Pearson Teachers Union Files Grievance on Class Size. Why Has the MTA Not Followed Suit?

By Robert Green | Published February 10, 2013

In an interview on CJAD this week Pearson Teachers Union (PTU) President John Donnelly announced that his union had filed a grievance contesting the oversized classes in his board. In explaining his reason for filing this grievance Donnelly explained that “over and above that [compensation paid to teachers] the collective agreement says you still can’t have oversized classes unless you have one of four reasons and none of these reasons apply to the Lester B. Pearson Board”. Donnelly goes on to mention that he expects a final decision on the grievance by March.

Donnelly is referring here to clause 8-4.01-c which states:

The board may exceed the maximums indicated only for one of the following specific reasons: the lack of premises in the school, the limited number of groups in the school, a shortage of qualified available personnel or the geographic location of the school.

The PTU is right to challenge the existence of oversized classes in its schools as the conditions allowing oversized classes clearly do not apply to large urban schools. The PTU is also right to be filing this grievance now. Protecting class size maximums is a particularly pressing matter for two reasons. The first is that the new collective agreement commits to significant reductions to the size of most classes in Quebec. By the end of its implementation in 2013/14 the planned reductions would see most class size maximums reduced by 3 or 4. Classes in economically disadvantaged neighbourhoods would be reduced by as many as 9 students. The second reason this is a particularly urgent issue is that at a time when the English public system is losing students to the French system and the private sector, class-size reductions are one of the best ways to protect and improve the quality of education in Quebec’s English public schools. If we do not protect the quality of education in our schools, we will continue to lose students.

Given the importance of this issue for the working conditions of teachers, the learning conditions of students and the overall health of the English public system, members of the Montreal Teachers Association (MTA) should be wondering why their union has not followed suit and launched a similar grievance. Particularly since doing so would strengthen the case of our fellow teachers in the Pearson board. As a member of the QPAT executive committee, one wonders how MTA President Ruth Rosenfield would not have been informed of the details of this grievance, filed by another QPAT member-local way back in June. Being aware of the details, she would then presumably know that if the collective agreement prohibited oversized classes in the Pearson board, then for the very same reasons, it should do so for schools in the EMSB.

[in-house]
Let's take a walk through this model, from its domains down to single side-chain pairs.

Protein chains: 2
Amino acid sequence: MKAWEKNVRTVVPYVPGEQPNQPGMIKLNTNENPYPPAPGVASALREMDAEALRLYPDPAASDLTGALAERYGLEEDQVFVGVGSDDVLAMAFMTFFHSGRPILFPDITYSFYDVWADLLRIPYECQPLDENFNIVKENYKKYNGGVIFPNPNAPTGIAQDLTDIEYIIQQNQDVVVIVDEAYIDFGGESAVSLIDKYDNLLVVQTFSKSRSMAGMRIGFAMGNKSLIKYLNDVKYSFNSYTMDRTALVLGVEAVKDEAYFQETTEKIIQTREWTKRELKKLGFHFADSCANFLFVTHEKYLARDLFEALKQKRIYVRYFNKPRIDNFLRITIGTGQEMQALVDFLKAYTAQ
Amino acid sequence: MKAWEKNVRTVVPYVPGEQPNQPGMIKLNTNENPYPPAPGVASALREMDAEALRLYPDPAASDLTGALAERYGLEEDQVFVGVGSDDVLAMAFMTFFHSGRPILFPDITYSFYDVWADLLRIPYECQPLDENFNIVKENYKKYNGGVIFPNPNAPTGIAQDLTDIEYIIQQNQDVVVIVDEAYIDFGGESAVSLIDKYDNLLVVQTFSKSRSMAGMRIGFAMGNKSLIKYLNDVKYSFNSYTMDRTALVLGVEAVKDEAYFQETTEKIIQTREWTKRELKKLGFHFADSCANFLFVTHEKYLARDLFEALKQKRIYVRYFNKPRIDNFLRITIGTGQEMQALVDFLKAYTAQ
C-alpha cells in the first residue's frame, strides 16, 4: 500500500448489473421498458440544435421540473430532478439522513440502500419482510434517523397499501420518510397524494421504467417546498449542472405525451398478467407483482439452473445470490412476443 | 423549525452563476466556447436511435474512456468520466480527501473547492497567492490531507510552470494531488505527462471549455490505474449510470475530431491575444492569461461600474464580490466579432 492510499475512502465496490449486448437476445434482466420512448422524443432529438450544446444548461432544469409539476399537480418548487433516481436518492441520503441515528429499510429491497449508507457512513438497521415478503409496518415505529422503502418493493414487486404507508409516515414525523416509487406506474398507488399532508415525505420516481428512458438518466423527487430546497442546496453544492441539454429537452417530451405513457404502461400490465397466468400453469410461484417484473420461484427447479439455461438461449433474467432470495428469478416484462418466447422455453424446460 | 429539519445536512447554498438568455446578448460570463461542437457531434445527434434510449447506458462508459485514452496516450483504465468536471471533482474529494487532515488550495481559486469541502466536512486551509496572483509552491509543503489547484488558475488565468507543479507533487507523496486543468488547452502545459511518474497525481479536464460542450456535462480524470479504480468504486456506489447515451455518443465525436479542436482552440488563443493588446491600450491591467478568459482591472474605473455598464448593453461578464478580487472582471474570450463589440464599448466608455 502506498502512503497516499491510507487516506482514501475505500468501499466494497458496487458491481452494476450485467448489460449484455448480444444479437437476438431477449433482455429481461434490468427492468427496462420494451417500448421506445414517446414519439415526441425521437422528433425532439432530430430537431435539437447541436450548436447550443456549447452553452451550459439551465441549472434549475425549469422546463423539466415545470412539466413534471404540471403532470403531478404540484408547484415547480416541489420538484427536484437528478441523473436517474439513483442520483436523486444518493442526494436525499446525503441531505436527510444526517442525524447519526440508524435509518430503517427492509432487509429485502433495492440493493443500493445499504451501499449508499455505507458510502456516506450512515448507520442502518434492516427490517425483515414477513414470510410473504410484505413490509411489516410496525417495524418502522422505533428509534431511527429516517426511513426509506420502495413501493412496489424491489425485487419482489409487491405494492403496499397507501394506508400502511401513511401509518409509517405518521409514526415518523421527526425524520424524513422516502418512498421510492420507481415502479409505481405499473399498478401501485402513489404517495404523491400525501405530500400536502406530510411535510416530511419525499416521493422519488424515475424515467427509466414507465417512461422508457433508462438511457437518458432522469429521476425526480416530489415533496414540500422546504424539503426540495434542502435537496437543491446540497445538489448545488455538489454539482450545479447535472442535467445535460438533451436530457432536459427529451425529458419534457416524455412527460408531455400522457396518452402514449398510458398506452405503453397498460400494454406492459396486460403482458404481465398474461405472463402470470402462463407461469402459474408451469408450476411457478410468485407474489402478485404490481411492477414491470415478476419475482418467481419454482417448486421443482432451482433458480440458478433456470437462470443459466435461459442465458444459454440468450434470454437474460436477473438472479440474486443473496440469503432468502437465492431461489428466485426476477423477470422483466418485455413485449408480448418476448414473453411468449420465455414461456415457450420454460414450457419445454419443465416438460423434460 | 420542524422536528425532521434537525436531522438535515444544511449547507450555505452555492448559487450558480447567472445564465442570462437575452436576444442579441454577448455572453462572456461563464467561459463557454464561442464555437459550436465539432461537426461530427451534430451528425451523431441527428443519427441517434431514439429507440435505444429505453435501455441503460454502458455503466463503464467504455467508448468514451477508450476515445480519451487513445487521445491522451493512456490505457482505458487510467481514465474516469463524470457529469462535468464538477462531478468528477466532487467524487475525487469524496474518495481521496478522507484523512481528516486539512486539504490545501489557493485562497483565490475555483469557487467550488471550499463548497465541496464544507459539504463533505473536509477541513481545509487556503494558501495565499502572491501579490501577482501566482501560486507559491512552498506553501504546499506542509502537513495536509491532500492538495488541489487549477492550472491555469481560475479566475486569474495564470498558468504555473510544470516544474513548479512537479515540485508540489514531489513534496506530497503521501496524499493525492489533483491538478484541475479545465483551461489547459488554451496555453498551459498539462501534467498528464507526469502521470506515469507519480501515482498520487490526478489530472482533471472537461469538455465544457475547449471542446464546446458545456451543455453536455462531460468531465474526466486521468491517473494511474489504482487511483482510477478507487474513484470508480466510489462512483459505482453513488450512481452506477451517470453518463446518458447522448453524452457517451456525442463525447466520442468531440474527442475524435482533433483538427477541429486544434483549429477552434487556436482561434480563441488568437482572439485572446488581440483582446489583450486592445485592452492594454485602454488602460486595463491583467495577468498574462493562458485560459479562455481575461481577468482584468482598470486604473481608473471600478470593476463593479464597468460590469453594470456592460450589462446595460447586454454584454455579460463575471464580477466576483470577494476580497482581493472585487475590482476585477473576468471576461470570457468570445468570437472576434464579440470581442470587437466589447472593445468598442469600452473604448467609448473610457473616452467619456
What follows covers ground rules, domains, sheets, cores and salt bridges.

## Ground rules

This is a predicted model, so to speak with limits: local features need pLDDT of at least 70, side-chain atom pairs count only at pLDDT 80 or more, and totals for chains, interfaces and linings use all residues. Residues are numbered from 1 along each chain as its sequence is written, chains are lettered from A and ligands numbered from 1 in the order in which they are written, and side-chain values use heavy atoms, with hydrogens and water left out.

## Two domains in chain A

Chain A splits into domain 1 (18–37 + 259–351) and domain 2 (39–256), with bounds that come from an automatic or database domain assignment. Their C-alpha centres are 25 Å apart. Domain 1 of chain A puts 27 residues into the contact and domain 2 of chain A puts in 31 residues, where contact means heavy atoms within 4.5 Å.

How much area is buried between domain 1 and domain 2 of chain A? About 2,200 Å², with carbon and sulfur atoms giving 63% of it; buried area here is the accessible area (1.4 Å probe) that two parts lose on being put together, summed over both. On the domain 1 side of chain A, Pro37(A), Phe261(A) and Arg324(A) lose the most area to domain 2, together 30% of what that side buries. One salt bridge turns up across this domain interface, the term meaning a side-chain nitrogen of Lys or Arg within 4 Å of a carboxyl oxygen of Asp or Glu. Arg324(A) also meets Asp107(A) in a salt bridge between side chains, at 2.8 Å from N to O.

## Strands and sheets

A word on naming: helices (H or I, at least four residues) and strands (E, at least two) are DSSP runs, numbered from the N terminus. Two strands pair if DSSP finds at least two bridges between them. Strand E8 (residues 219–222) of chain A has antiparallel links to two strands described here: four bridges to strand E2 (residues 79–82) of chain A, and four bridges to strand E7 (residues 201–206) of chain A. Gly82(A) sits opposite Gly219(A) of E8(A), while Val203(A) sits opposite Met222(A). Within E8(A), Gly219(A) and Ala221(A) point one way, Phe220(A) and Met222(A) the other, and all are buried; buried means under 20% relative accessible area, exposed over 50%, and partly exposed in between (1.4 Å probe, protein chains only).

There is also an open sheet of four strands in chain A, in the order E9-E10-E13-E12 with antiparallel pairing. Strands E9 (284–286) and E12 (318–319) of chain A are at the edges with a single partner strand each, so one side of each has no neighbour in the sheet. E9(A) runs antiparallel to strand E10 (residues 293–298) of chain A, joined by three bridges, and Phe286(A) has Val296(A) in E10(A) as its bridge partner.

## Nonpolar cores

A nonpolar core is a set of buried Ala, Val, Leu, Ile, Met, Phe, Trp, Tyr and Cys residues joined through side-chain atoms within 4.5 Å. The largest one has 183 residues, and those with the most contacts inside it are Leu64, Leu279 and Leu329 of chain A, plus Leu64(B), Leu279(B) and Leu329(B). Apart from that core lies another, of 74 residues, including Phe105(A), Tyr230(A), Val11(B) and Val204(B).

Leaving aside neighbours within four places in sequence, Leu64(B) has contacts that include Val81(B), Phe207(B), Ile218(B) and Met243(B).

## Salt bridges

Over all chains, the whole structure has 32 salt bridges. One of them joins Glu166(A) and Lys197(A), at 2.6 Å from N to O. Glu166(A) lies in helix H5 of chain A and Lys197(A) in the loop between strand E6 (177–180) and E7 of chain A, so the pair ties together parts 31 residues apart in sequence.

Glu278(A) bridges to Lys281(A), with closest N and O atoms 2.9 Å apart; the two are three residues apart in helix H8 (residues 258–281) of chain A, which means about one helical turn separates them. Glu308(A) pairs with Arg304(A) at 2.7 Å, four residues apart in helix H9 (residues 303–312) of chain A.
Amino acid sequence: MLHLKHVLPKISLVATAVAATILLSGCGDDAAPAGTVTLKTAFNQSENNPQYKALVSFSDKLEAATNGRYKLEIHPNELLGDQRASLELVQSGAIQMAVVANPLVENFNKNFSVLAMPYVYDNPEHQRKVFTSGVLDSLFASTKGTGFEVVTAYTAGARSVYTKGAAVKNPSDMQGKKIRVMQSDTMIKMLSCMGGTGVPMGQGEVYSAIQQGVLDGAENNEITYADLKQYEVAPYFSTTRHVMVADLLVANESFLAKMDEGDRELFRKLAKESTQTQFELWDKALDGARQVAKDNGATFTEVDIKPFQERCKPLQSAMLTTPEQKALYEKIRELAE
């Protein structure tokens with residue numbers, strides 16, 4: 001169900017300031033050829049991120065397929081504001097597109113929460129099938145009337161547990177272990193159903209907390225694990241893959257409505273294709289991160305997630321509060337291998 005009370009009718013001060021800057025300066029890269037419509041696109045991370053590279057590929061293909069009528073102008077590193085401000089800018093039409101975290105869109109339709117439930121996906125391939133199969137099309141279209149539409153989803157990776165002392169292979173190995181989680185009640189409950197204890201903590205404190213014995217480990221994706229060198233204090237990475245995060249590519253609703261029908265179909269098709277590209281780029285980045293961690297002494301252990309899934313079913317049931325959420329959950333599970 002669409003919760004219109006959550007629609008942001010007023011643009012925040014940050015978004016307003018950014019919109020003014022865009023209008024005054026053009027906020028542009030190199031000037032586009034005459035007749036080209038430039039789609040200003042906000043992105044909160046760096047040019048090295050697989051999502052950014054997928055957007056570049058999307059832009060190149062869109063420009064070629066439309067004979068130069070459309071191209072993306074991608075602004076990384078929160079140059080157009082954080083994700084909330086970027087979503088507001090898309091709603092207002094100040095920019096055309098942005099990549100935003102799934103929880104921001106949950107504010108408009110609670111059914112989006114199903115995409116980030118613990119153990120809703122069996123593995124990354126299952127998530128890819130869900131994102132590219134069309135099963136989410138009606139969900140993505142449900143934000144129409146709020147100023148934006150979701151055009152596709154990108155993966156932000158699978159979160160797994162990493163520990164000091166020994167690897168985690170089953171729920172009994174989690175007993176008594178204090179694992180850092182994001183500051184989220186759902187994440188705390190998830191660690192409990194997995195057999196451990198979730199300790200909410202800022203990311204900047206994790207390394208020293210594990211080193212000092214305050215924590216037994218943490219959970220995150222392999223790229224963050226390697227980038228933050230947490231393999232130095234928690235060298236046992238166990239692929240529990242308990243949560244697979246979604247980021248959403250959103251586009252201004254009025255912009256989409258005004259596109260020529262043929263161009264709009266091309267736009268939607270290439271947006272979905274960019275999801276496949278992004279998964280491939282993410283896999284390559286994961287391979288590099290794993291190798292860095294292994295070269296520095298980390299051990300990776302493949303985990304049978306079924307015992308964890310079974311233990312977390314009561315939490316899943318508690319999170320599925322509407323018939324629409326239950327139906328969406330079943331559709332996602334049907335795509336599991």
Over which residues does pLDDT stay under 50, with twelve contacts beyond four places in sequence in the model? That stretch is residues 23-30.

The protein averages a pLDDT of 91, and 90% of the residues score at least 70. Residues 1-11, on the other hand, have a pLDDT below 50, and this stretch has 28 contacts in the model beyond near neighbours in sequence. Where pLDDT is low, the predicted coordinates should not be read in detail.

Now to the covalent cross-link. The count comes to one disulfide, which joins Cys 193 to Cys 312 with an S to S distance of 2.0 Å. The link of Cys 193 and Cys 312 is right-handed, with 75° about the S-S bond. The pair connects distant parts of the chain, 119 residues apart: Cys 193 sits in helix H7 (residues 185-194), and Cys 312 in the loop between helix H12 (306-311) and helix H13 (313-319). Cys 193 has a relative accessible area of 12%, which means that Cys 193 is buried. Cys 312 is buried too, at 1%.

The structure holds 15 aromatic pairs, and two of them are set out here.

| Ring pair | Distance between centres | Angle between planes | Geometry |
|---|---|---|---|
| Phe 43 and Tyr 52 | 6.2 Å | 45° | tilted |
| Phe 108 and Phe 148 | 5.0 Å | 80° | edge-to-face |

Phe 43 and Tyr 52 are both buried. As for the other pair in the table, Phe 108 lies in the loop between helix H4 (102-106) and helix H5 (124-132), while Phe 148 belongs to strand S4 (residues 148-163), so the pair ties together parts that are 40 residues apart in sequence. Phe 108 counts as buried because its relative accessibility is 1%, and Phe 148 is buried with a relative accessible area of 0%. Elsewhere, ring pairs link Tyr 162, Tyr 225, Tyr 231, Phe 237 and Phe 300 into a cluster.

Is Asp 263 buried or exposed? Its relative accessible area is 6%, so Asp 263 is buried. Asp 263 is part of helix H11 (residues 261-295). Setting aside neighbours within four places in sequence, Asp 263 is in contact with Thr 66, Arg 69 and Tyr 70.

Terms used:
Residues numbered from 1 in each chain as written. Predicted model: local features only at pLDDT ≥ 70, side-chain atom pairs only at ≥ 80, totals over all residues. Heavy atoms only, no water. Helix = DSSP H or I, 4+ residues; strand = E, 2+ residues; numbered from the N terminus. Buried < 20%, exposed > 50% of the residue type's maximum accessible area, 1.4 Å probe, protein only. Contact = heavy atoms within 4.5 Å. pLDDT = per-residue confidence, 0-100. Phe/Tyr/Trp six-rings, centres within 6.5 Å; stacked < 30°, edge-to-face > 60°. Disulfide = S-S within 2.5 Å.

This situation is reminiscent of one that occurred years ago where the PTU fought an extensive grievance on the question of special needs students, winning over a million dollars in compensation for its members, while the MTA did nothing. One wonders what exactly the purpose of QPAT is, if not to coordinate these kinds of grievances when they clearly apply to more than one local.

Another aspect of Donnelly’s interview that should raise concerns for MTA members about their own union is the fact that the grievance is expected to be completely resolved by March; less than 10 months from the initial filing of the grievance. Meanwhile members of the MTA are still waiting for the final results of a series of grievances that were filed five years ago! How is it that the PTU is able to resolve a major grievance in less than a year and yet the EMSB seems able to delay and stonewall MTA grievances without end. This is exactly why MTA executive assistant John Winrow has repeatedly called for a ‘political solution’ to our grievances in his reports to the MTA’s Annual General Meeting.

It is also important to note that clause 8-4.01-c is not new. It has been part of the collective agreement for at least the last 12 years. This means that EMSB teachers may have been dealing with over-sized classes for at least the last 12 years which might have been deemed a contravention of the collective agreement had our union had the gumption to challenge them.

Reducing class size benefits teachers by improving their working conditions, it benefit students by improving their learning conditions and it benefits teachers unions because smaller classes mean more teachers have to be hired meaning more members for the union. The only one that stands to benefit from the status quo of oversized classes are school boards. Failing to implement class size reductions benefits their bottom line. School boards would much rather continue to pay teachers the pittance in oversized class compensation that teachers currently receive than to hire the teachers required to actually implement the class size reductions committed to by government. In light of all this and given that the MTA has thus far shown no interest in contesting the numerous oversized classes in its schools, MTA members should be asking some serious questions about their union’s leadership.

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